2. Subjective experience is in fact replicable in principle, and such replication goes as follows: the initial preparation is the easiest, all you need is an sufficiently identical egg (effectively fertilized egg with the same genome, epigenetic markers, the same number of mitochondria with the same DNA content as the original, perhaps approximately the same number of glucose and ATP, and other relevant variables). Then you have to follow up with sufficiently identical environment: in utero, childhood environment and beyond. The resulted subjective experience of the replica would be the same except the inherent uncertainty of human state and variation in preparation. Some of the attempts may end up very different, but with sufficient number of attempts some are bound to end up eerily similar or for all practical purposes, identical. If we can run an ensemble of these replicas of the original as computer simulations, we may even be able to apply particle filter algorithm to localize the one closest to the original.

    (Disclaimer: above is intended as thought experiment. In reality such experiment could be cruel to the replica and prohibitively expensive, compared to whatever it may accomplish.)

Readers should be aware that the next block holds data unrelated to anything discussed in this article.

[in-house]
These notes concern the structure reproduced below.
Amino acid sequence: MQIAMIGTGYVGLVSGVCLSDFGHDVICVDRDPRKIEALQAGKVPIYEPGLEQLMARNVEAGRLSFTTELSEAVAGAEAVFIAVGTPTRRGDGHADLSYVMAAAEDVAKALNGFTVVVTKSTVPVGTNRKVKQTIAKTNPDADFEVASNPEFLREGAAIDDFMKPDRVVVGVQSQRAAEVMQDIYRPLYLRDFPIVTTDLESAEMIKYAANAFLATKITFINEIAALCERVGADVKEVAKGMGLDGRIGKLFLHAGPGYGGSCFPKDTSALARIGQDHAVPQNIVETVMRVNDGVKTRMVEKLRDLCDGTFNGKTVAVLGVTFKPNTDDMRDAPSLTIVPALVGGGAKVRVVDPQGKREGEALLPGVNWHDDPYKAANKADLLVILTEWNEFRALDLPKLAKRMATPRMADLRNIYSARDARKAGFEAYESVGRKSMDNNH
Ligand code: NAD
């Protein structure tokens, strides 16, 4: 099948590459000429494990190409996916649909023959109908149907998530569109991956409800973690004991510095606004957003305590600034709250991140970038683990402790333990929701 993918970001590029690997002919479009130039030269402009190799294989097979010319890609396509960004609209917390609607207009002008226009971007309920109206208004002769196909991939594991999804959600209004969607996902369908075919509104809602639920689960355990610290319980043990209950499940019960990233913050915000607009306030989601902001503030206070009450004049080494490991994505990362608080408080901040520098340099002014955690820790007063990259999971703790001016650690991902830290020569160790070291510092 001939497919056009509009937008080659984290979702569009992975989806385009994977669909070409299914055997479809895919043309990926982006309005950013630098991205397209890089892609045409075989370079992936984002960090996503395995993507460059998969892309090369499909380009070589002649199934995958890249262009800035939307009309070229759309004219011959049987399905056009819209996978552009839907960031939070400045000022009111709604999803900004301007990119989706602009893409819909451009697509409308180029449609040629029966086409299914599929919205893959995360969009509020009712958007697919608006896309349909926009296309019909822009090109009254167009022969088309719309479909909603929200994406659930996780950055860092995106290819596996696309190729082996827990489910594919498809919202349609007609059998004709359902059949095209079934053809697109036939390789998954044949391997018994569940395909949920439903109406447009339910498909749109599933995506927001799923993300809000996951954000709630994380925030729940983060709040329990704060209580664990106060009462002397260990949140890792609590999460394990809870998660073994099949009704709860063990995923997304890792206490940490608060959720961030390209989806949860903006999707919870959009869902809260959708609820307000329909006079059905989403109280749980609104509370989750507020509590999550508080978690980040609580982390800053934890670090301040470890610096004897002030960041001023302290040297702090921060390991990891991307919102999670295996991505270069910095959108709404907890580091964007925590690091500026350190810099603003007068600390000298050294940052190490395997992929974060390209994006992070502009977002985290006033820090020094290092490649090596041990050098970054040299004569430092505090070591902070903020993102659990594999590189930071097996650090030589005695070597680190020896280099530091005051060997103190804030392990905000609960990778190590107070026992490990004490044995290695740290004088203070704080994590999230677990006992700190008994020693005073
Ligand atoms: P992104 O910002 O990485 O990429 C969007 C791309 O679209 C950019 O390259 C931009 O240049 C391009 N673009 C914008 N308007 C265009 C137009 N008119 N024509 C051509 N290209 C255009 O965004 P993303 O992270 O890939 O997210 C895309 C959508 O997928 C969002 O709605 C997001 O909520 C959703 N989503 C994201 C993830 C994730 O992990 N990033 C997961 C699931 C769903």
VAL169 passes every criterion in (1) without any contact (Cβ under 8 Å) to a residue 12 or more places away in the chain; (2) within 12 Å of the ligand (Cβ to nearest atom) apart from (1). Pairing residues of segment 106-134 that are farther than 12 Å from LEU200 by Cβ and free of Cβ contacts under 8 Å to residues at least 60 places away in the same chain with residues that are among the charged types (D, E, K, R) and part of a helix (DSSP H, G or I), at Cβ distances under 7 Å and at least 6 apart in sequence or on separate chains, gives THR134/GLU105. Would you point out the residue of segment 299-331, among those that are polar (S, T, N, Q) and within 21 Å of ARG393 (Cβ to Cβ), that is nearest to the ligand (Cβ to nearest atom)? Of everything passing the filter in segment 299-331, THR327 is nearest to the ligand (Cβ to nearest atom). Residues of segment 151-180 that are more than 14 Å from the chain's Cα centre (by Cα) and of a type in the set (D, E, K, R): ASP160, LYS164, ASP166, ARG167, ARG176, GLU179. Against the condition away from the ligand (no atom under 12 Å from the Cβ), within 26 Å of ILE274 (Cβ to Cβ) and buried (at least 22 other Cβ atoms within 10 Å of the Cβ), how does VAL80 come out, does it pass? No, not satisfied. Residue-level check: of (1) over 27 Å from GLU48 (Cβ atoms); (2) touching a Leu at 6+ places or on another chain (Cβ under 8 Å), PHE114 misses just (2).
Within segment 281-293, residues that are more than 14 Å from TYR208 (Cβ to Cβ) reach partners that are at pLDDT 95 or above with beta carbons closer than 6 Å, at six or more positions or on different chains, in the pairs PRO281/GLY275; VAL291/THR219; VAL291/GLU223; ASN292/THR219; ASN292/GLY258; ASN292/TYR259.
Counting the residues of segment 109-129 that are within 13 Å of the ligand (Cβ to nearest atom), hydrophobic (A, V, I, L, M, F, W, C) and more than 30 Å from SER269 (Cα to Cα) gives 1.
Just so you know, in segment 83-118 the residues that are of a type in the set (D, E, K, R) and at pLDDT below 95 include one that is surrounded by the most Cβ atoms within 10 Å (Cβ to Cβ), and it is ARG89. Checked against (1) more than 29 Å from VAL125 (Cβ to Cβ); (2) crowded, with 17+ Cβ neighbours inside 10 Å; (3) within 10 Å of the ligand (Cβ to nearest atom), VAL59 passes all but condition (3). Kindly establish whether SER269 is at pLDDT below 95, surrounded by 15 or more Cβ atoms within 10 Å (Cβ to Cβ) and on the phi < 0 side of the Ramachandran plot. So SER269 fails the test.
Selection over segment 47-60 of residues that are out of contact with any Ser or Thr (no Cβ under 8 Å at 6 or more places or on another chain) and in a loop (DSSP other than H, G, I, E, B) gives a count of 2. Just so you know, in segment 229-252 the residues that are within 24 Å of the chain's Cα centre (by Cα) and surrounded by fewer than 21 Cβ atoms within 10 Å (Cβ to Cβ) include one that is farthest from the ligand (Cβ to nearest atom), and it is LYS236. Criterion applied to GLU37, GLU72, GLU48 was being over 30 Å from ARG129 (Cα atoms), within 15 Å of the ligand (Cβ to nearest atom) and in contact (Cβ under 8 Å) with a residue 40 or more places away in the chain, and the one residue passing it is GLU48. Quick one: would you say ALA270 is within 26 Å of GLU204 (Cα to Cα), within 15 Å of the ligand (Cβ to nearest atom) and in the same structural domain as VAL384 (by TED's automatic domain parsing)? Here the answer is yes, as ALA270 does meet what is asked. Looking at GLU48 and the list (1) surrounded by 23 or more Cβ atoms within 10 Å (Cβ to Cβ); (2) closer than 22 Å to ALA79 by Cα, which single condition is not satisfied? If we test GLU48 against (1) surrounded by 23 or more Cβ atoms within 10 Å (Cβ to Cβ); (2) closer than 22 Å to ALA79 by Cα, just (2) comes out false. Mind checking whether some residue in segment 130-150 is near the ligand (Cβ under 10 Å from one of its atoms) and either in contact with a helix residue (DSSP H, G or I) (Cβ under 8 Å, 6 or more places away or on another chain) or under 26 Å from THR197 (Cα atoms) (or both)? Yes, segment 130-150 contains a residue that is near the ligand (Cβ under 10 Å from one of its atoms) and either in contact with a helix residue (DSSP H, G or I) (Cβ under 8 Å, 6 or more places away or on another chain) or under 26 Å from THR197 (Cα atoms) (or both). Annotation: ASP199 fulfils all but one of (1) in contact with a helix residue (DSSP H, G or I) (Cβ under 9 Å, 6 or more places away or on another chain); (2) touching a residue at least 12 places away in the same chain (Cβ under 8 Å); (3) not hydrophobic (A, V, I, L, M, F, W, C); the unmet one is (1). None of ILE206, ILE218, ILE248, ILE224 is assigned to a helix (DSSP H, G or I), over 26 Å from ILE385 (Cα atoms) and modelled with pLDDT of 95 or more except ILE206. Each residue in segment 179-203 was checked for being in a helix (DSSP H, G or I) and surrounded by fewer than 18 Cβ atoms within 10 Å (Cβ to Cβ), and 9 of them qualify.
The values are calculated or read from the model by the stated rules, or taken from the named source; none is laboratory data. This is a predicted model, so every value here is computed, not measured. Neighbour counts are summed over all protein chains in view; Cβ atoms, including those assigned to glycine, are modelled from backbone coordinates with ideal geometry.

3. In the real world, the closest example is “identical” twins. If you have a identical twin, your twin is not only similar to you. With soul or other mystical element out of the picture, you can consider your twin genuinely close to you in the human phase space, or even “almost you” if your upbringing is sufficiently similar.

Up till this point, these conclusions and implications should be at least technically true. It is, however, up to each one of us how we are going to take them. Personally, I actually feel somewhat relieved to realize that I am not responsible for something immaterial, intrinsically unique, and irreplaceable: there is no such thing as “soul”. I will never be reincarnated into, say, an insect being eaten alive from the inside by parasitoid or some kind of gruesome being called Preta. Supposedly I may try to extend my life in the future if I feel like it, but honestly I don’t really like everything about myself unconditionally (I doubt many do) and many aspects of the environment I experienced. I may try to “edit out” these aspects of myself and environmental influences in the future, but exactly how worthwhile is such self-preservation and self-improvement? After certain point, how much continuity is left between now and such future (interestingly, we apparently evolved a partial break in our stream of consciousness as we develop from an infant into an adult)? Might it not be more meaningful to make a clean break and start over, with (possibly genetically engineered) offspring and vastly superior upbringing?